Jane Austen's Wise Wit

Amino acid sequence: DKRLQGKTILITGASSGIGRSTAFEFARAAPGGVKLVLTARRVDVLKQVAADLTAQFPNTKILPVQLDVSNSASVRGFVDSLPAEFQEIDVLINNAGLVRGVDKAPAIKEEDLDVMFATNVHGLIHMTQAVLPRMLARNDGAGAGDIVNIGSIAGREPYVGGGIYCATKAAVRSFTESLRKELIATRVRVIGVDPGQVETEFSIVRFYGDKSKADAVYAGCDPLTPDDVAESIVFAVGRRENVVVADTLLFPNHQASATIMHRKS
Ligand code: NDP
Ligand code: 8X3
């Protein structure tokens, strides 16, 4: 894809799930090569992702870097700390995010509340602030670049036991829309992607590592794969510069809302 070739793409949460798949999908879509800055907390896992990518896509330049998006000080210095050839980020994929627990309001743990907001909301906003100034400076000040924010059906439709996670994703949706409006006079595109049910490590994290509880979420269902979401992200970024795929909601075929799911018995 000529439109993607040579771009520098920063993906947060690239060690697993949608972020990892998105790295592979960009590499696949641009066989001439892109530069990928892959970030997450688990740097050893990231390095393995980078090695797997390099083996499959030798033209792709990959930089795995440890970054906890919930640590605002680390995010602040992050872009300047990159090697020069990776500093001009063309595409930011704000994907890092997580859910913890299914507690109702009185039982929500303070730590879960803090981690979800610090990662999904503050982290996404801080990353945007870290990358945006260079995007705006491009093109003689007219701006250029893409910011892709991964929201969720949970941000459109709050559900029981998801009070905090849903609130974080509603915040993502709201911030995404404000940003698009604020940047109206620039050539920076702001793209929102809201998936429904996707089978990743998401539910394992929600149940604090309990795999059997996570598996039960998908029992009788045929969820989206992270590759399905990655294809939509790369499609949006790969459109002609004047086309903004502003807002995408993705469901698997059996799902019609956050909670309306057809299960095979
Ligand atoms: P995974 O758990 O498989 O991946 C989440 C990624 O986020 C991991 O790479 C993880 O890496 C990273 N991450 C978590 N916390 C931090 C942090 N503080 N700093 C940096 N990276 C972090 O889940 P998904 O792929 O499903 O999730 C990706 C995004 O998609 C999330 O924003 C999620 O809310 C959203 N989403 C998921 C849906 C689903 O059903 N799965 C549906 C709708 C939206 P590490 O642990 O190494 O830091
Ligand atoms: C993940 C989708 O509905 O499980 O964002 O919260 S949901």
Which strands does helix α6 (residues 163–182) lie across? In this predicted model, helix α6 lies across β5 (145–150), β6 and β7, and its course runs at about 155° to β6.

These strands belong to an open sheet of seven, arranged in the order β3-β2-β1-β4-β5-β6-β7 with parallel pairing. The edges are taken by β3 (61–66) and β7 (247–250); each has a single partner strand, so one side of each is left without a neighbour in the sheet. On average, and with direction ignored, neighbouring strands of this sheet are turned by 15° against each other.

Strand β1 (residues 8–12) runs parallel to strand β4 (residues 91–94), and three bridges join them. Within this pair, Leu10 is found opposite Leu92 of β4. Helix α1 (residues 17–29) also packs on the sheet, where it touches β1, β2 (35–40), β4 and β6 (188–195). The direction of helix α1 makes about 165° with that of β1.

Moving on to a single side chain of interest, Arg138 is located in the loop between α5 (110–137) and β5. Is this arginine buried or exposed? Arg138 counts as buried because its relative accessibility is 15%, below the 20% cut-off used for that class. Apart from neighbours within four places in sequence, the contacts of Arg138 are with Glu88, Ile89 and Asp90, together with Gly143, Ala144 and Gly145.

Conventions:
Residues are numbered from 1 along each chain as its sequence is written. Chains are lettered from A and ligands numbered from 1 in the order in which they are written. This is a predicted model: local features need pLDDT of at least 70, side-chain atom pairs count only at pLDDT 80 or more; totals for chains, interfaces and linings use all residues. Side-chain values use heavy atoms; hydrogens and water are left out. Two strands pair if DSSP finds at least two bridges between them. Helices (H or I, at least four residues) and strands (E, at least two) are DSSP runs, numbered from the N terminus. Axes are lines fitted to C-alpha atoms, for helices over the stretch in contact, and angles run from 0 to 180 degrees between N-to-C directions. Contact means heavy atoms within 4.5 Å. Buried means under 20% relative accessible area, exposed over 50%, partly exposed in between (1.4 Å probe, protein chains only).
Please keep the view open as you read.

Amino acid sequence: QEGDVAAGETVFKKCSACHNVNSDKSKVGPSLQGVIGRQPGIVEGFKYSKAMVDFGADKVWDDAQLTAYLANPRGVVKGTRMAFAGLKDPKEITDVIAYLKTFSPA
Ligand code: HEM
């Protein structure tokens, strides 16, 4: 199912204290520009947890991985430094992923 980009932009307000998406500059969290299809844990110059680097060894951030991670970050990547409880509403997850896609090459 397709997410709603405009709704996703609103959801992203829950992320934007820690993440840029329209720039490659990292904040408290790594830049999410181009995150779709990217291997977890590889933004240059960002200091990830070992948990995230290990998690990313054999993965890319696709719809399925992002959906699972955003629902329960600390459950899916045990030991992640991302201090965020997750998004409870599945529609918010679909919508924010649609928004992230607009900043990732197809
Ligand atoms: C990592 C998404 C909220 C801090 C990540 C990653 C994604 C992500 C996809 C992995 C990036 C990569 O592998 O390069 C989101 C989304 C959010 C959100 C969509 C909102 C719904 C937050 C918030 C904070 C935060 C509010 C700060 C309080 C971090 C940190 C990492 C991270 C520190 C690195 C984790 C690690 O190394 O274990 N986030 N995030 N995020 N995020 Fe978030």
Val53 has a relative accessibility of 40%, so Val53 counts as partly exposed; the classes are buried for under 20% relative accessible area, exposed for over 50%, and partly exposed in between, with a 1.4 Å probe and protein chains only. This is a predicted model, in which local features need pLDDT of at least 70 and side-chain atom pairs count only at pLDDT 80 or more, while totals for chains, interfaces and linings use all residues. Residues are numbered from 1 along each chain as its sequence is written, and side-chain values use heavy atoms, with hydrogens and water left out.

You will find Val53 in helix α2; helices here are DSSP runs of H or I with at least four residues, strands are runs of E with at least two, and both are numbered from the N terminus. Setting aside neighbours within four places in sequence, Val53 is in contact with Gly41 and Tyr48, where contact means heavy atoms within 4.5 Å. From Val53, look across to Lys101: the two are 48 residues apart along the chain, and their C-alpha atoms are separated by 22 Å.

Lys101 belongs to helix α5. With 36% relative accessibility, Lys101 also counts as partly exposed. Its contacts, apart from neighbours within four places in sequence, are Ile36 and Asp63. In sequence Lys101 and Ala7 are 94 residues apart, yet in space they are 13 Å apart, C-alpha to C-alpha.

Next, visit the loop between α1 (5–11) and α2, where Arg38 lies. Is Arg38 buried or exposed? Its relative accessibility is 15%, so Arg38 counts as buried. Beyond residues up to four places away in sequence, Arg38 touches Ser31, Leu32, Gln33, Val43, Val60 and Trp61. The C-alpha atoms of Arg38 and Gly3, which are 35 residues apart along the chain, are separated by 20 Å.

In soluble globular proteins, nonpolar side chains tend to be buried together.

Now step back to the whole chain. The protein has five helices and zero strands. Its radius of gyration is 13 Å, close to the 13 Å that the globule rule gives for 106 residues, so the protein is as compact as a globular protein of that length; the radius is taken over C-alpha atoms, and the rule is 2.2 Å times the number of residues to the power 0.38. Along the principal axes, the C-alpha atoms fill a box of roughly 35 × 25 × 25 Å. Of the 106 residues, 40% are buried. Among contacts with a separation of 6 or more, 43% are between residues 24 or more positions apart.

"It is your turn to say something now, Mr. Darcy.--I talked about the dance, and you ought to make some kind of remark on the size of the room, or the number of couples." - Pride and Prejudice Jennifer Ehle as Elizabeth Bennet With this tongue-in-cheek admonishment, so like that of a dancing master hired to prepare Darcy for society, begins one of the greatest romances in literature. What is it that gives Jane Austen's writing such timeless appeal? For me, and many others I have spoken to, it is her keen observation of human nature tempered by humor and the ultimate romance of the playful, witty repartee between her hero and heroine. So often movies and books that are represented as romantic lack an essential element of romance-- witty repartee. Perhaps this is due to the high level of difficulty in composing humor that works. It is no wonder that Jane Austen's work would be so popular at a moment when there is a lack of wit and humor in romantic entertainment. Playfulness and wit are something we all look for in our romantic attachments. How often has a female friend described the new man in her life to you as someone who makes her laugh? We all seem to be looking for someone to share a few laughs with on the road of life. There is also something so sexy about being intellectually engaged with another which can only be improved by the addition of humor. Colin Firth as Mr. Darcy Jane Austen's keen eye for the ridiculous in the foible's of human nature seems to be shared by the lively Elizabeth Bennet. We chuckle when Elizabeth is likely at some pains to keep a straight face at Lady Catherine's dinner table when Sir William Lucas dutifully echoes every compliment to Lady Catherine by his sycophant son-in-law Mr. Collins. We all share in Elizabeth's embarrassment at her misjudgments and foolishness in being taken in by Wickham and letting her hurt pride rule her opinion of Darcy. Austen's heroines are so realistically written that we grow to know and love them as friends. The heroines all have the standard issue silly relatives and the ubiquitous family problems that come with them. These character types are certainly familiar to all of us, but presented with such wit that we must now smile at the unbearable co-worker who is so like one of Austen's characters. Sharon Wagoner is the webmistress of The Georgian Index. Visit her site for a treasure trove of little known information about the Georgian period. A fascinating collection! Enjoyed this article? Browse our book shop at janeaustengiftshop.co.uk

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